Our recent grocery haul included two litres of buttermilk. Besides being a key component of pancakes, I often use it for muffins, buns, and other baked goods. A photo in a recent magazine article about panna cotta sounded so good and simple, that I immediately added gelatin to my next shopping trip, just to make this dessert.
The recipe comes from the current May 2020 issue of Cook’s Illustrated. This is probably one of the easiest desserts to make, but the authors still found a few tricks to improve it. By mixing the powdered gelatin into the sugar, you can skip the step of blooming the gelatin, since each granule is dispersed and can readily absorb the water from the cream. Heating the grapefruit zest in the dairy mixture ensures that all the flavourful oils are extracted.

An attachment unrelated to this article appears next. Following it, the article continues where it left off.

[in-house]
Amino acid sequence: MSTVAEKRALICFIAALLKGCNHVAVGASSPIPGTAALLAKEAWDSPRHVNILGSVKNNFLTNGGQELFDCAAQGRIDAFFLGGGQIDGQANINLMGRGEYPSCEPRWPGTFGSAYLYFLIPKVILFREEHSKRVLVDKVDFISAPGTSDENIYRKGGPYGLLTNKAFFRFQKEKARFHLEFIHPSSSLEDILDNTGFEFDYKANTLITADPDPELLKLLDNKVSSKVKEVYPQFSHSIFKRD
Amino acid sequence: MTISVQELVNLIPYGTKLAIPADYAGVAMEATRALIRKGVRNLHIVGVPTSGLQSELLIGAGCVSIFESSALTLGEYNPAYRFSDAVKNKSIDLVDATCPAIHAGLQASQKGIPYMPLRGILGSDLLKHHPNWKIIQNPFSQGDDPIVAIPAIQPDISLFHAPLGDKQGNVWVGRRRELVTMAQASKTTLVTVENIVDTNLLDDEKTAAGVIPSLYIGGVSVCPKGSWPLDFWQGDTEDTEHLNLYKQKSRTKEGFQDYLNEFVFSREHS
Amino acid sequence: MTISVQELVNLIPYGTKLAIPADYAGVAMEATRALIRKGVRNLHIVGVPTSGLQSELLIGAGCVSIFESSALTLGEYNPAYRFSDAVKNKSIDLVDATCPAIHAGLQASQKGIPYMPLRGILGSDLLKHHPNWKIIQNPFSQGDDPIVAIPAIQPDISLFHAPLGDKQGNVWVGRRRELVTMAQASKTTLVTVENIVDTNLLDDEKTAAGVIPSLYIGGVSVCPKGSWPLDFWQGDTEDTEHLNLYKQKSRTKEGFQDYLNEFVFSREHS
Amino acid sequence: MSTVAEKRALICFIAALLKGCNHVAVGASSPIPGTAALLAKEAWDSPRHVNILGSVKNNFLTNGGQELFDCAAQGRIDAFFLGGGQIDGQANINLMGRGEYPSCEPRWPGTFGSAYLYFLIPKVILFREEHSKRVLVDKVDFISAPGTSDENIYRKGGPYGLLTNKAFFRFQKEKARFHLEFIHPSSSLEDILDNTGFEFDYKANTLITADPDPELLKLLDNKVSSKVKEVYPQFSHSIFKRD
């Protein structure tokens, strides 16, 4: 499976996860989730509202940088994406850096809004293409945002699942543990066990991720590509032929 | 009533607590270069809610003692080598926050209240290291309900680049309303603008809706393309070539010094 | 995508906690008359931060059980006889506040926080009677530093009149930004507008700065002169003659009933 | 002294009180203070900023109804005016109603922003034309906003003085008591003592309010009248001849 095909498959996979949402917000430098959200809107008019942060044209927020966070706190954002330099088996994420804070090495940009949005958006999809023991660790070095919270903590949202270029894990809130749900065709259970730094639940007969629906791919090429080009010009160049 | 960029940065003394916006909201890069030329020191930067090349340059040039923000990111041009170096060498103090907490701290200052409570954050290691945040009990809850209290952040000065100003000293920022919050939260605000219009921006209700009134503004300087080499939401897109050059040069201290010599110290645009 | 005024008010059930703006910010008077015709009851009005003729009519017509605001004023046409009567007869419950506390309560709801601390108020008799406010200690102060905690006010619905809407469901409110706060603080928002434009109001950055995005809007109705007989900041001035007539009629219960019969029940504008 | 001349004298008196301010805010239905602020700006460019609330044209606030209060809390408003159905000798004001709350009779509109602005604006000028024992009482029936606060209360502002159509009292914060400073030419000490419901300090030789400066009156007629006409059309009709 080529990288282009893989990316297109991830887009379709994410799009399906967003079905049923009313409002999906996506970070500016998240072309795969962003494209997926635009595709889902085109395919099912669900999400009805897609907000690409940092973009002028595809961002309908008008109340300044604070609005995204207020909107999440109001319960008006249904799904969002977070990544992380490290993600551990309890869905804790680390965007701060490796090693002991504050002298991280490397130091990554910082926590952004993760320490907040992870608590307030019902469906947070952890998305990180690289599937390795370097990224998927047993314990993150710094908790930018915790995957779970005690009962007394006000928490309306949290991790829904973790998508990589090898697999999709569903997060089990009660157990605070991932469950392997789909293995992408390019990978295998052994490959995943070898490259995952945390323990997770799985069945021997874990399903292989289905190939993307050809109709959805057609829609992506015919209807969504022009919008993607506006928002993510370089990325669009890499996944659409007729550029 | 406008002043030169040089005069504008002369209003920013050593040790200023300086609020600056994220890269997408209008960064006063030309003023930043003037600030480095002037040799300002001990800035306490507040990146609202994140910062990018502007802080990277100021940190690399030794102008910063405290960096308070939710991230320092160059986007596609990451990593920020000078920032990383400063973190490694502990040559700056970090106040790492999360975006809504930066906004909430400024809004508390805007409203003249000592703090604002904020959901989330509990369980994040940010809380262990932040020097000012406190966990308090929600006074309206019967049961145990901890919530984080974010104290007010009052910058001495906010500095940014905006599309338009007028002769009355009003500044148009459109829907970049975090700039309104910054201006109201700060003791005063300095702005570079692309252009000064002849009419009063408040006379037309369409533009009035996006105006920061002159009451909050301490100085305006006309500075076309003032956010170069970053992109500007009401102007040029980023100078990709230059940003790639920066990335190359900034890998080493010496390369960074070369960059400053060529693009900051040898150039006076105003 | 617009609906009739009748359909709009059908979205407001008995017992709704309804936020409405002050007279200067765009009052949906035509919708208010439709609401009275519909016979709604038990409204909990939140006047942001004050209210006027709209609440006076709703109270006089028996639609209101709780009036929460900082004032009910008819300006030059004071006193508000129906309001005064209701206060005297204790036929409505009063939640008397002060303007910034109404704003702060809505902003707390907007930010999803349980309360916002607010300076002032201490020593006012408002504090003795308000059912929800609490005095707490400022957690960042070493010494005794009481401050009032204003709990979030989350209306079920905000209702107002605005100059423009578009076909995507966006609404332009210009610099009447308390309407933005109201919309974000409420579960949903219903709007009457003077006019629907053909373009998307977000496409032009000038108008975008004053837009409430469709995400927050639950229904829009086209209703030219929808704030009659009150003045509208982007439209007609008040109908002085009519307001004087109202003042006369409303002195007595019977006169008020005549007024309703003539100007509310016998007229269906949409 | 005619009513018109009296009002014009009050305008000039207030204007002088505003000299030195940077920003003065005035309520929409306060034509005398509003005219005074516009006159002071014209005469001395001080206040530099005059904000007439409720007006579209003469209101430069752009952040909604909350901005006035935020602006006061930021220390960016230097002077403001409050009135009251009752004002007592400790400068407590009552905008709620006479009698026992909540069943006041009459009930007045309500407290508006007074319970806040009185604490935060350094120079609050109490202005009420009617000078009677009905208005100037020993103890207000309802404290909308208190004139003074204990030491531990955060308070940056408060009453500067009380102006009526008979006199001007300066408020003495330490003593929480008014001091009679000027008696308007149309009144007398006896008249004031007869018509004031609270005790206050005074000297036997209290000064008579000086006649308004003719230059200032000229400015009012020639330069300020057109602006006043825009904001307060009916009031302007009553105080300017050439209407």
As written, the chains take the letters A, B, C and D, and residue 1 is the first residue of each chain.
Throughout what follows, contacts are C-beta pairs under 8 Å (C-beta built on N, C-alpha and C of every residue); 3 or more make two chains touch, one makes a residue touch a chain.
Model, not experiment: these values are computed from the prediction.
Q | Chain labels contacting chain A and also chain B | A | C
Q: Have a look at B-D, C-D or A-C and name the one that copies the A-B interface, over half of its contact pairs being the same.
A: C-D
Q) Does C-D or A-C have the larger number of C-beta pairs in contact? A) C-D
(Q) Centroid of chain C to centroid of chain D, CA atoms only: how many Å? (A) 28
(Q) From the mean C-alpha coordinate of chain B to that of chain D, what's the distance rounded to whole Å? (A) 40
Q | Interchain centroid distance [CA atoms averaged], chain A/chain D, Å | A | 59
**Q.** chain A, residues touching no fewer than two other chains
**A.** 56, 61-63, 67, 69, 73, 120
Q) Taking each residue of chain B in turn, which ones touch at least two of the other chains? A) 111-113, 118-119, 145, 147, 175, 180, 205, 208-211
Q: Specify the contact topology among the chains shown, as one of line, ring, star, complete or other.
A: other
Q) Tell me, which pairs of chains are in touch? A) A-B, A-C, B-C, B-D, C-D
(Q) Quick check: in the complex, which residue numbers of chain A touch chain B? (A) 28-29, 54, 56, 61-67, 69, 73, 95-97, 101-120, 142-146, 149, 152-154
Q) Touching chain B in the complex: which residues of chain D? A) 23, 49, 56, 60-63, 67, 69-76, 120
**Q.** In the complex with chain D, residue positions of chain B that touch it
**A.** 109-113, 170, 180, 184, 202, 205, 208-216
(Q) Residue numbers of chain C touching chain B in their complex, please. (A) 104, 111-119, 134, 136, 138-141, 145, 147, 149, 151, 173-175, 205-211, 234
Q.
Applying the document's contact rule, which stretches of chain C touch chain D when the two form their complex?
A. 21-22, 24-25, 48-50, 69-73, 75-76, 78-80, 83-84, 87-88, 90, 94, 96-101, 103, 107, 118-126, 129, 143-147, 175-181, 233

I knew the garnish wasn’t optional: I absolutely love caramelized nuts. But the technique used in this recipe was new to me. You dump water, sugar, sliced almonds and oil into a saucepan, and bring everything to a vigorous simmer. It took a lot longer than 10 minutes for my almonds to start to get a caramel coating, maybe twice as long, as I was timid with the heat. What’s weird, is that at the end, you end up with greasy, but well-caramelized almonds submerged in oil. After straining the nuts out, I fished the caramel chunks out, but saved the oil to re-use for cooking.
Overall, this variation is a knockout. The bitterness of the grapefruit really stands out, but it’s tempered by the smooth, creamy panna cotta, and the caramel-coated almonds were a perfect contrast. The other variations (vanilla with berries and honey, and Thai basil with peppered strawberries) sound great too.